Works Every Time, however, is “a different animal”, Shuman says. “It took about a week to record in Hollywood with [producer] Cian Riordan, and we did some other songs that will probably be released later on. It’s funny, we were busy with our other bands so we couldn’t do the EP for a while, but at the same time, it’s only been a few years. A lot of bands now have four or five years between records.”

He nods at the suggestion that this “take your time” approach between releases seems to be most common among rock artists, where pop and hip-hop acts tend to bash out single after single, or a steady album every two years. “And I don’t think there’s a gazillion good pop or hip-hop tracks coming out every f***ing day,” he says. “There’s a lot of garbage… [strategy to break streaming records]. Unlike us,” he adds with a laugh. “We’re not gonna get s**t. No records broken. No money made.”

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Works Every Time is much more guitar-centric than Mini Mansions’ two full-length albums: “The Great Pretenders was like our ‘concept album with no concept’,” Shuman says with a laugh.

“I think this is the closest we’d come to making a record where in an alternative universe we’d be a pop band,” he continues, referring to the change in sound from their previous albums. “It’s definitely the closest in terms of what we consider ‘good pop’.”

He and Parkford agree that Mini Mansions, and their other bands, are in “the best zone we’ve ever been in”. Though Shuman acknowledges that the QOTSA tour, in support of last year’s Villains, has not been without controversy.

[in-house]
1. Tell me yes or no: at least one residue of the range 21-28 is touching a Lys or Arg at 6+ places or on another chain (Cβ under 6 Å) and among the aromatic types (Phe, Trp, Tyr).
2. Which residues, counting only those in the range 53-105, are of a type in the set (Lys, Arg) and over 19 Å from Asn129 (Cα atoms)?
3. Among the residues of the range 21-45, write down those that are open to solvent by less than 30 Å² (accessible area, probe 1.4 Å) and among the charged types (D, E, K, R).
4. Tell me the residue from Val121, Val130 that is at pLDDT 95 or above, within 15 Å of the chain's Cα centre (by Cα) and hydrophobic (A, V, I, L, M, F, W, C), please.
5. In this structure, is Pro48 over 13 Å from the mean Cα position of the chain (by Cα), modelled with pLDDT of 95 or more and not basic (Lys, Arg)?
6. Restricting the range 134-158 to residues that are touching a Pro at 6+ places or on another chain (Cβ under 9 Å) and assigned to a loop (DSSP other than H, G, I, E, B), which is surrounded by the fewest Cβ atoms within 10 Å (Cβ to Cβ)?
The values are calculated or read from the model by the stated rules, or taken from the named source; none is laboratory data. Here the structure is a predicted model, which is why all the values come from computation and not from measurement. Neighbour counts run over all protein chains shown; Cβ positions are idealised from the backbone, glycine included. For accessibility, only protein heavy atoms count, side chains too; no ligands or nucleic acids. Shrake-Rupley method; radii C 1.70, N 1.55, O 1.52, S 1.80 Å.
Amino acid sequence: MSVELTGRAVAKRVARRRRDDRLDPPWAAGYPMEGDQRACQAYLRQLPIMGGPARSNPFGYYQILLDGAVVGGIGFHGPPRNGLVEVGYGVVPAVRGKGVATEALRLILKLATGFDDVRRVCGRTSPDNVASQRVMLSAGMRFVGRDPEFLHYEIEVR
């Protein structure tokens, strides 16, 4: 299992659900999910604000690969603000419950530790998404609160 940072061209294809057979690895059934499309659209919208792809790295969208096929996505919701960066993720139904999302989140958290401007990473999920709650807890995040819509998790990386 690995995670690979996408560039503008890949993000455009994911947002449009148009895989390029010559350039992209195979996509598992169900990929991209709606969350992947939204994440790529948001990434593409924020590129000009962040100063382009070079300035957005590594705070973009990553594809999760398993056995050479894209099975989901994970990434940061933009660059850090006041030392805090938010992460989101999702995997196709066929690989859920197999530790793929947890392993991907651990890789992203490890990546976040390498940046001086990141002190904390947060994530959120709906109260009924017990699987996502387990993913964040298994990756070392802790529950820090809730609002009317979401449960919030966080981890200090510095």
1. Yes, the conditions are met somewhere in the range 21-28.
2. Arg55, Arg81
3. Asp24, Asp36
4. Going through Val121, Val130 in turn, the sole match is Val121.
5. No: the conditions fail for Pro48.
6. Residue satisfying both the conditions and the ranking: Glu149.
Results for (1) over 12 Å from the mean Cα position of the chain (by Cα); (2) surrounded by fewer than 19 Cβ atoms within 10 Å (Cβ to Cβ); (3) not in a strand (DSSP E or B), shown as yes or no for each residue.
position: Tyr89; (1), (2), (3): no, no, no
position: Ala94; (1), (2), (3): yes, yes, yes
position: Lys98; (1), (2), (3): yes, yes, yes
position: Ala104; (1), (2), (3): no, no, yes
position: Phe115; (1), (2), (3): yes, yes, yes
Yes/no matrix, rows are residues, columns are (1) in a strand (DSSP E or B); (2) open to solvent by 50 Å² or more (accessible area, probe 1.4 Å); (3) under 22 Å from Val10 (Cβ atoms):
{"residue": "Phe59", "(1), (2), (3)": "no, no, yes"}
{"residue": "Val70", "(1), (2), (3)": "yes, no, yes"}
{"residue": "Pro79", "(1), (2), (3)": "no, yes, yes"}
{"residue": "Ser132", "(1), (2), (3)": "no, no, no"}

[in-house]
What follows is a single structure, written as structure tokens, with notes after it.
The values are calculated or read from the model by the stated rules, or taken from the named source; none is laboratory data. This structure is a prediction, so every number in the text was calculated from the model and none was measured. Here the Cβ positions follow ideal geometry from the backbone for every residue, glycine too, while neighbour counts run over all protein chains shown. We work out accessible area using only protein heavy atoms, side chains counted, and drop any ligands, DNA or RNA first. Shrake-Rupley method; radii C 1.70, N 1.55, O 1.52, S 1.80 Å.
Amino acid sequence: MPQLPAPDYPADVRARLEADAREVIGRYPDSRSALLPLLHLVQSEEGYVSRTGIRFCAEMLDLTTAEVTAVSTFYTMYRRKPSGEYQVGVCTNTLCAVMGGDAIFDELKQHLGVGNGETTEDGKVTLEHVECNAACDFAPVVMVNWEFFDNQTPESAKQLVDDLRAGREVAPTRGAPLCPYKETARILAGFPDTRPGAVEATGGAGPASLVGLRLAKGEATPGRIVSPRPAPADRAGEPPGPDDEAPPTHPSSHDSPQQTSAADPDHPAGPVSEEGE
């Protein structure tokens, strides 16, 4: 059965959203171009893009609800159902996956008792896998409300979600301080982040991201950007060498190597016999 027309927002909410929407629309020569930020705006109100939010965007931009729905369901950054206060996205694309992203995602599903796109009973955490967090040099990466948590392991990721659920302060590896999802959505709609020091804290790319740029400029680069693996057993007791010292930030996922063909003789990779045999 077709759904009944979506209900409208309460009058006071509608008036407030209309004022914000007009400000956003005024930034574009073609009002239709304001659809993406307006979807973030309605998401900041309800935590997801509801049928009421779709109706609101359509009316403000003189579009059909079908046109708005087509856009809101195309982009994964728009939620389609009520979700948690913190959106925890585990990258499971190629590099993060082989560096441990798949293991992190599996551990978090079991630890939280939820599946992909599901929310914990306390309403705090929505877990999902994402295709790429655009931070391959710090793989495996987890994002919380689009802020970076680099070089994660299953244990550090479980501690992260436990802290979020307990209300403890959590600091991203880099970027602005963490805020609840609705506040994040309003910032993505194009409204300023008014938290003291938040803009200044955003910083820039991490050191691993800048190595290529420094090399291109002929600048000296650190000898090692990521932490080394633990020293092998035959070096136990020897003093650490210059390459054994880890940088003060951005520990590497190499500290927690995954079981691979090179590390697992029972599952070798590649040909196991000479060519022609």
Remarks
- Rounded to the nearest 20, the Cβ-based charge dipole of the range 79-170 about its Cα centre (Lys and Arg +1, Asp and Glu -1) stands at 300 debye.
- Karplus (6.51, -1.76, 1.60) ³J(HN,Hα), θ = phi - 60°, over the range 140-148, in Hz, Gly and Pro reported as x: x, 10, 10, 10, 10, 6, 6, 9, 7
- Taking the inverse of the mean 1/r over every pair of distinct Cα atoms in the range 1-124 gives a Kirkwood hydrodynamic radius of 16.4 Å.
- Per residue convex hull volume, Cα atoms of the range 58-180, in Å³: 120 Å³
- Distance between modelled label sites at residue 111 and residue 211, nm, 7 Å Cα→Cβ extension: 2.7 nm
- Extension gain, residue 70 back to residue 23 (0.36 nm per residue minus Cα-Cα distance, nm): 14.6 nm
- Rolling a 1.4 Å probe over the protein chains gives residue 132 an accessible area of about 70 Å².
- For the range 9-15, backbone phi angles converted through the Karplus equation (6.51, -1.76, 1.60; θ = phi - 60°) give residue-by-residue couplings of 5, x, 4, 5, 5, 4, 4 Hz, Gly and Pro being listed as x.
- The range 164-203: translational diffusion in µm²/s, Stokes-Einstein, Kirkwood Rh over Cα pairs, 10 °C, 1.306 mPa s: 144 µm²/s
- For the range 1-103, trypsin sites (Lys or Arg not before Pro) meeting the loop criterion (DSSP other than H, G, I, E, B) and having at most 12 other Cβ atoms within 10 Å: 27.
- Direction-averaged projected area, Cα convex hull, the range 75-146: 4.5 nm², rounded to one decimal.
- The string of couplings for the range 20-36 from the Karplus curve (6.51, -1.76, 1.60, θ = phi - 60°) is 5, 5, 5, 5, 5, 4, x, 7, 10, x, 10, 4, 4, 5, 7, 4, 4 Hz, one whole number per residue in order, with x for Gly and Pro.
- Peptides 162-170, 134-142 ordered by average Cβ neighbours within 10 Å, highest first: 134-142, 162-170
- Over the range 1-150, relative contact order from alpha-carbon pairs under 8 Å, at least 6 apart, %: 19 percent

“Yeah, a lot of people weren’t happy with that,” Shuman says, referring to the incident where Homme was criticised for kicking a female photographer’s camera, which struck her in the face and caused her to spend a night in ER, in December last year. Homme issued two separate apologies, calling himself “a total d**k” and saying sorry to his bandmates and family for embarrassing them, as well as the photographer Chelsea Lauren.

“Without diving too much into it, it was taken way, way out of context,” Shuman says. “He’s got an amazing, strong wife and three kids. Not in your wildest dreams would he ever do it [because it was a woman]. It was unintentional. We have our own photographers that we’ve worked with for years who are pretty much all men, and they might get kicked in the face. They might get hit. If you wanna be on stage with us, that’s kind of the deal.”

“Bruce Springsteen, when he slid at the Super Bowl, crashed right into the camera with his crotch,” Parkford recalls.

The Boss, of course, hasn’t released an album since 2014. And despite the appearance of a small cluster of acclaimed rock albums this year, Shuman is unsure how healthy the genre is right now. “There are only a few bands who are doing it well,” he says. “There’s a big hole, where rock should live. Who are those rock bands? I think our bands are doing a good job of it, but I don’t know many others. I think it’s the fanbase. A generation of kids with streaming and digital listening, it’s being fed to you. Rather than going to a record store and seeing what you’re drawn to.”